A piece of space junk near the International Space Station this weekend may force the massive orbiting laboratory to dodge out of the way, adding a bit more complexity to the shuttle Atlantis' planned arrival at the outpost on Sunday.
The chunk space debris is expected to zip by the station Sunday morning. To dodge it, the orbiting lab may fire its Russian thrusters Saturday at about 9:08 p.m. EDT (0108 Sunday GMT), NASA officials said.
That means NASA's space shuttle Atlantis, which blasted off from Florida Friday afternoon on what is expected to be its last-ever mission, will have to make some trajectory changes as it approaches the International Space Station. [See Atlantis' launch photos.]
"It's a little unique. With the shuttle going up to rendezvous we need to be very careful with what kind of maneuver we go do," said NASA space operations chief Bill Gerstenmaier after Atlantis' successful launch.
NASA is keeping a close watch on how far the space station would have to move in order to be sure it doesn't drift too far away from a docking lane in space that Atlantis can reach, Gerstenmaier said. The space station typically flies in an orbit about 220 miles (354 km) above Earth and circles the planet at a steady 17,500 mph (28,163 kph) to remain aloft.
Once the station performs a maneuver — an engine burn, in NASA parlance — engineers will recalculate the trajectory of the station and Atlantis, then beam new instructions to the shuttle astronauts to retarget the shuttle for its Sunday docking, Gerstenmaier said.
The station and Atlantis are scheduled to dock Sunday at 10:27 a.m. EDT (1427 GMT). Until then, eager skywatchers have a chance to see a rare sky showas Atlantis, the station, the planet Venus and the moon all appear in the night sky this weekend.
Few details about the wayward space junk, such as its size, origins or exact distance from the station at closest approach were immediately available, NASA officials said. But space debris does force the station, and other satellites, to perform dodging maneuvers from time to time.
"It is flying in a very elliptical orbit," NASA spokesperson William Jeffs told SPACE.com, from the agency's Johnson Space Center in Houston. That makes the debris difficult to track, but Mission Control is keeping a close eye on it, he added.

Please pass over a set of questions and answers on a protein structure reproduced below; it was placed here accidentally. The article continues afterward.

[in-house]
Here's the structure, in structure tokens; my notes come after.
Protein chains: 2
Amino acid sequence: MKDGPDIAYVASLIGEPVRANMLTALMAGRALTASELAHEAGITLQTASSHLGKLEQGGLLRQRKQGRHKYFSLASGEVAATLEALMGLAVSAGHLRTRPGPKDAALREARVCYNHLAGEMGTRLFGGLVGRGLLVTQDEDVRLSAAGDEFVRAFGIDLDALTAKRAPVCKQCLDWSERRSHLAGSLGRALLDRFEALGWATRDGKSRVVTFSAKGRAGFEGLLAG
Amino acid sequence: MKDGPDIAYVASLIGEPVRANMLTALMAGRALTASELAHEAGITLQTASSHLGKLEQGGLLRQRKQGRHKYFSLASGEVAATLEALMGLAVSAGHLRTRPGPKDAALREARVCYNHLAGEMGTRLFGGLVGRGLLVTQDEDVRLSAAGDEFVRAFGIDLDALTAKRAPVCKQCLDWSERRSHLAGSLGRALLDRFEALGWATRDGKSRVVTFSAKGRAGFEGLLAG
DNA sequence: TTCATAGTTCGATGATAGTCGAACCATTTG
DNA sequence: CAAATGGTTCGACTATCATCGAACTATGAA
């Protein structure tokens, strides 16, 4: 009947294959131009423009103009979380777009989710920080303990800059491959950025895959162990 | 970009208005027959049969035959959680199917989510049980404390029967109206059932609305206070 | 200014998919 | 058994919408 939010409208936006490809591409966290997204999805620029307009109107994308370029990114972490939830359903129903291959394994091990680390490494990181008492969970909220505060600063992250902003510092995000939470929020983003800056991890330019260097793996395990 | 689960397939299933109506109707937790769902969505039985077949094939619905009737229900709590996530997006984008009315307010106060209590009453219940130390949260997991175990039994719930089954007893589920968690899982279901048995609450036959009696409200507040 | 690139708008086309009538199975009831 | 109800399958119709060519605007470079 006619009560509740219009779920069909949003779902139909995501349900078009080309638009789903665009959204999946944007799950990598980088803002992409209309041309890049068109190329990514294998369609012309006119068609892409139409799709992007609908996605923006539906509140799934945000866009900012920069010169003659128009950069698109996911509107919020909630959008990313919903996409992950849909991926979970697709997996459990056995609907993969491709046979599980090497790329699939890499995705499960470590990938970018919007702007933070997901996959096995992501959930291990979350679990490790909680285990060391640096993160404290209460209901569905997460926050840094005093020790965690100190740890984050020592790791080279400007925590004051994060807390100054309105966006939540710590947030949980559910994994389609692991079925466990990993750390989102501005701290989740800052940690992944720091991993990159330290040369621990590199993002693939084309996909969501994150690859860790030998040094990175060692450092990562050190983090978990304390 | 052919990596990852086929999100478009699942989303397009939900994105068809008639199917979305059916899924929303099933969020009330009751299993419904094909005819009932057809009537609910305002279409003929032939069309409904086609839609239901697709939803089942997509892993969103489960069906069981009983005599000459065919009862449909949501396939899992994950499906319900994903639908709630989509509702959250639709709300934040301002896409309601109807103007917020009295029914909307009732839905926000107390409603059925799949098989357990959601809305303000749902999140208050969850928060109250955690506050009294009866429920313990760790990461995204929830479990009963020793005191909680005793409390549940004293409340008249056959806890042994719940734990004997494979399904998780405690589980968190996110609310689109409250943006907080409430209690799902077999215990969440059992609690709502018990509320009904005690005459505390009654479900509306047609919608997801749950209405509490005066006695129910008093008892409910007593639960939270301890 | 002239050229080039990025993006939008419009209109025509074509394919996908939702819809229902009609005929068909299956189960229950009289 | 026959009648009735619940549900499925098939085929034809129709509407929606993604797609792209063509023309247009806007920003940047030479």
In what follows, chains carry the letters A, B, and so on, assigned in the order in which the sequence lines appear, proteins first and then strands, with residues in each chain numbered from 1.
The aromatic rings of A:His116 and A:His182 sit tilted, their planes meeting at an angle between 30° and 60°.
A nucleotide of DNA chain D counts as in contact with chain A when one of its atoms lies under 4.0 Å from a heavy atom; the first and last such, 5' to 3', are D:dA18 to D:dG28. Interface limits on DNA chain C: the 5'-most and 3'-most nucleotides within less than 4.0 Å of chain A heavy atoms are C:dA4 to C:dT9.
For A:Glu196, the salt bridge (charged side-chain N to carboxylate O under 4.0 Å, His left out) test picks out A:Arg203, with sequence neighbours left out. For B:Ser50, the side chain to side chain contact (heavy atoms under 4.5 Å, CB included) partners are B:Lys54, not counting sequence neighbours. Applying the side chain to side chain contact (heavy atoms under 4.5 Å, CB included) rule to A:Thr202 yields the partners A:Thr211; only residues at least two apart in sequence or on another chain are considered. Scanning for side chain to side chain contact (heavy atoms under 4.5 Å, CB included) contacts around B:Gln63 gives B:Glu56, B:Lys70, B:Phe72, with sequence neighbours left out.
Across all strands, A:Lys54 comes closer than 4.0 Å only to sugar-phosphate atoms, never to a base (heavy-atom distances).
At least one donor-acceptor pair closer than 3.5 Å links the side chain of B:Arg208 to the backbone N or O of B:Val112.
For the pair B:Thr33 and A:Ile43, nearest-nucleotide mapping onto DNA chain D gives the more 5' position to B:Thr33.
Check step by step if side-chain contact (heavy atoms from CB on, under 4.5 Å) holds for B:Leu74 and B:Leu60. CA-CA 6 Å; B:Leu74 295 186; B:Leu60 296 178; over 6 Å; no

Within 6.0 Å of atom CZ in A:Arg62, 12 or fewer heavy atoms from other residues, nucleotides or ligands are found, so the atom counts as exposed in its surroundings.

Space junk is a constant threat to spacecraft, astronauts and satellites in orbit. That space debris danger has grown in recent years due to a 2007 Chinese anti-satellite test and the accidental crash of satellites from the United States and Russia in 2009.
Both incidents created vast new clouds of space junk, which is being monitored by NASA and the U.S. military's Space Surveillance Network along with more than 19,000 other bits of orbital debris.
NASA typically moves the station when the risk of a space debris impact is within a 1-in-10,000 chance. Mission Control also works to keep a safety perimeter that extends 15 miles (25 km) around the space station, as well as about a half-mile (0.75 km) above and below it.
Gerstenmaier said that any maneuver performed by the space station should not have a major impact on Sunday's planned docking by Atlantis. It will just require some extra planning and analysis, he said.
Atlantis' six-astronaut crew is flying a planned 12-day mission to the International Space Station to deliver a new Russian research module called Rassvet(which means "Dawn" in Russian). The astronauts also plan to replace old solar array batteries and deliver spare parts during their flight. Three spacewalks are scheduled.
This STS-132 mission is slated to be Atlantis' 32nd and final spaceflight as NASA prepares to retire its three-shuttle fleet at the end of the year. Only two more shuttle flights — on Atlantis' sister ships Discovery and Endeavour, respectively — are scheduled after this one.
SPACE.com is providing complete coverage of Atlantis' STS-132 mission to the International Space Station with Senior Writer Clara Moskowitz and Managing Editor Tariq Malik based in New York. Click here for shuttle mission updates and a link to NASA TV.
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Tariq is the Editor-in-Chief of Space.com and joined the team in 2001, first as an intern and staff writer, and later as an editor. He covers human spaceflight, exploration and space science, as well as skywatching and entertainment. He became Space.com's Managing Editor in 2009 and Editor-in-Chief in 2019. Before joining Space.com, Tariq was a staff reporter for The Los Angeles Times covering education and city beats in La Habra, Fullerton and Huntington Beach. In October 2022, Tariq received the Harry Kolcum Award for excellence in space reporting from the National Space Club Florida Committee. He is also an Eagle Scout (yes, he has the Space Exploration merit badge) and went to Space Camp four times as a kid and a fifth time as an adult. He has journalism degrees from the University of Southern California and New York University. You can find Tariq at Space.com and as the co-host to the This Week In Space podcast with space historian Rod Pyle on the TWiT network. To see his latest project, you can follow Tariq on Twitter @tariqjmalik.